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Every Breath You Take: An Indoor Smog Story

Thanks to federal regulations, our outdoor air has half the emissions from harmful gases that it had four decades ago.

Sounds great, right? Except Americans spend around 90 percent of their lives indoors, according to an EPA-funded study.

Date Published: April 21, 2020

Publication: KUNC Live Radio.

Author: Show produced by Haili Blassingame. Text by Kathryn Fink.

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Scientists reveal whole new world of chemistry by stepping indoors

An atmospheric chemist had spent her entire career probing the complexities of outdoor air — how gases and particles in the atmosphere move, interact and change, and how human activities perturb the air we breathe. Then, she went inside. It turns out the chemistry inside can be vastly more complex than that of outdoor air systems.

Date Published: April 21, 2020

Publication: Science Daily

Author: Anne Manning

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How to Clear the Air, Literally, in Your Home

In the era of coronavirus and social distancing, we’re all cooped up in our homes, battling anxieties about the invisible dangers in the air. Might as well do something about it, as least as far as the air in your place is concerned.

Date Published: March 23, 2020

Publication: GQ

Author: Erin Berger

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3 things to avoid if you want to keep your carpets mold-free

In a study recently published in the journal Building and Environment, a research team from The Ohio State University’s Indoor Environmental Quality Laboratory found that carpets with higher concentrations of dust were more likely to grow mold than those with lower concentrations.

The team also found that fungi burrowed into the fibers of rugs made from natural materials, such as wool. (The mold the researchers found is fungal growth.)

Date Published: March 12, 2020

Publication: Ohio State News

Author: Laura Arenschield

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Opening windows for half an hour is a great way to cut indoor pollution, study finds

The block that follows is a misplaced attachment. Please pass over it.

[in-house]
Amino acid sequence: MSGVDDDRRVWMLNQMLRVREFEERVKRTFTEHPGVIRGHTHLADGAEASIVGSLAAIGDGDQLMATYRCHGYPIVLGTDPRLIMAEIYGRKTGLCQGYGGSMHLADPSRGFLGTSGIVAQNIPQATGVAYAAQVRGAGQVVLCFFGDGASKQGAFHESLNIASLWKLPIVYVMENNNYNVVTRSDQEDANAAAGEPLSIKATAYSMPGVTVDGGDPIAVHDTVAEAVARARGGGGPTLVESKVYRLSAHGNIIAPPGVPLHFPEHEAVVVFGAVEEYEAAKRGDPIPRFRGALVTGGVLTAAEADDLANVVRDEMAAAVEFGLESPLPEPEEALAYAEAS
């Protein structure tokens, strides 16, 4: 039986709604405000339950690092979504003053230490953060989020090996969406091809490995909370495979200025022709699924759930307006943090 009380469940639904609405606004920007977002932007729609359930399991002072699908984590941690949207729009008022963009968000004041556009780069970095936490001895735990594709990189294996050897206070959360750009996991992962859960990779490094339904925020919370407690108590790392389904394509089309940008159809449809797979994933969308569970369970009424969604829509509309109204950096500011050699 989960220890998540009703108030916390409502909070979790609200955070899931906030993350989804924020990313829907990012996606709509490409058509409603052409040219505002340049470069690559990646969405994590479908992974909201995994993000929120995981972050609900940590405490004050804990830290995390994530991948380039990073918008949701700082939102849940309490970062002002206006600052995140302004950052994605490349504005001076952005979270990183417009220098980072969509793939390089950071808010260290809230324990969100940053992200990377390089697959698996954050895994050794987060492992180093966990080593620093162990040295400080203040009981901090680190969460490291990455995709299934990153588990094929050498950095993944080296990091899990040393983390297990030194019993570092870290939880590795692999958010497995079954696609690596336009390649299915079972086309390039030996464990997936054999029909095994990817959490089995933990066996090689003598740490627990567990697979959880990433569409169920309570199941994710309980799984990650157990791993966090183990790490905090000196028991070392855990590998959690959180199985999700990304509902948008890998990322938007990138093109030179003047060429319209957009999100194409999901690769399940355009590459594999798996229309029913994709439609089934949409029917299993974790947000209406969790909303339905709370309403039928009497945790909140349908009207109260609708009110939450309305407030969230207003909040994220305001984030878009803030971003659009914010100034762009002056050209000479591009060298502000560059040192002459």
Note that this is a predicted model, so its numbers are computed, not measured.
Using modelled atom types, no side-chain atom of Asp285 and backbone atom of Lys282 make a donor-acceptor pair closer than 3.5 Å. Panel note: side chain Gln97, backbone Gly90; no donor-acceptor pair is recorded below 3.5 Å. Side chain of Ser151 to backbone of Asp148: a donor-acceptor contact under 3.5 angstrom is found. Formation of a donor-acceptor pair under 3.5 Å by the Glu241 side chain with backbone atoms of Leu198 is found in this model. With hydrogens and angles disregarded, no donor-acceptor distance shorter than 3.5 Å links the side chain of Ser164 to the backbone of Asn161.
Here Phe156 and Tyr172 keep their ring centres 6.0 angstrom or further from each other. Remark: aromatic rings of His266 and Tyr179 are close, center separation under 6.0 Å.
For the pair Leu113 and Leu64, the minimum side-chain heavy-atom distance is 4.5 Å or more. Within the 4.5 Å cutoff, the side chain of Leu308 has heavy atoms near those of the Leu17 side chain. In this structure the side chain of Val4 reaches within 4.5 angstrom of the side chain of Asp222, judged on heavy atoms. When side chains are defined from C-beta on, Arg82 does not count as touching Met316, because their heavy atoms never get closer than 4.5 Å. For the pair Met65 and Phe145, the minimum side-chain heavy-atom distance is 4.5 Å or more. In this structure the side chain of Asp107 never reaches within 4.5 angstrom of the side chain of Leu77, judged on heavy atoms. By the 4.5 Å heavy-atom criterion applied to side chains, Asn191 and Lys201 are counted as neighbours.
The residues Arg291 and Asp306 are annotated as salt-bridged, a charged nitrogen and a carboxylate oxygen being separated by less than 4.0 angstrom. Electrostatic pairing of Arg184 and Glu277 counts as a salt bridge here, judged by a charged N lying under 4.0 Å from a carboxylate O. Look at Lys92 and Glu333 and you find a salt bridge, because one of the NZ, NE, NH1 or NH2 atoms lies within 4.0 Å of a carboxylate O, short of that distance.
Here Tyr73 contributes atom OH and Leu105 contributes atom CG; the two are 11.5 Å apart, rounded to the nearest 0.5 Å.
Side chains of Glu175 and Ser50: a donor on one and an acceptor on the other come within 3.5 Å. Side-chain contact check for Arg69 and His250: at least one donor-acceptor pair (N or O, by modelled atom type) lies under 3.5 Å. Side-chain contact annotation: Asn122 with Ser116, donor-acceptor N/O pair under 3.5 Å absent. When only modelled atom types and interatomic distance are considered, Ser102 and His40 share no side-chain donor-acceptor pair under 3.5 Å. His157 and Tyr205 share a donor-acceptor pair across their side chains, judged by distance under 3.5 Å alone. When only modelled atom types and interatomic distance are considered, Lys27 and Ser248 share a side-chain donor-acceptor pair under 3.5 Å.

Households should open their windows for at least half an hour a day to flush out harmful chemicals produced by cooking, cleaning and smoking – even if there is no smell.

That’s the conclusion of a leading expert on indoor air pollution, who has found that household contaminants linger for much longer and in far greater quantities than had previously thought.

Date Published: March 2, 2020

Publication: i news

Author: Tom Bawden

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Opening the window in your home will not flush out the chemicals in the air

The researchers suggest that the reason opening the doors and windows did not reduce chemical levels for more than a few minutes was because the chemicals were clinging to the walls and on surfaces in the home. As concentration levels in the air dropped, the chemicals were immediately replaced by chemicals detaching from these surfaces and floating into the air.

Date Published: February 21, 2020


Author: Bob Yirka

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Cleaning Fumes Linger a Long Time in Your Home — and Cracking a Window Doesn’t Help

The researchers took initial measurements of 19 different airborne chemicals and then threw open the windows. When the breeze was blowing through, concentrations of all chemicals dropped. But when they closed the windows, it took a maximum of about 55 minutes for the chemicals to reappear at basically the same levels.

Date Published: February 20, 2020

Publication: Discover

Author: Leslie Nemo

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Opening your windows doesn’t help reduce indoor air pollution

Airing out our homes might not be as effective as we think. Chemicals released by cleaning or cooking can stick to walls, furnishings and other surfaces instead of wafting out when we open a window. These chemicals are all volatile, meaning they can evaporate into air, but the researchers wanted to see if they can linger on surfaces too.

Date Published: February 20, 2020

Publication: New Scientist

Author: Gege Li

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Airing Out Your Home Doesn’t Reduce Indoor Air Pollution, Study Finds

Many of the potentially harmful chemicals found in our homes linger on walls and other surfaces, suggests a new study out Wednesday. Unfortunately, ventilating rooms with fresh air or cleaning surfaces might not do much to reduce our exposure to these contaminants.

Date Published: February 19, 2020

Publication: Gizmodo

Author: Ed Cara

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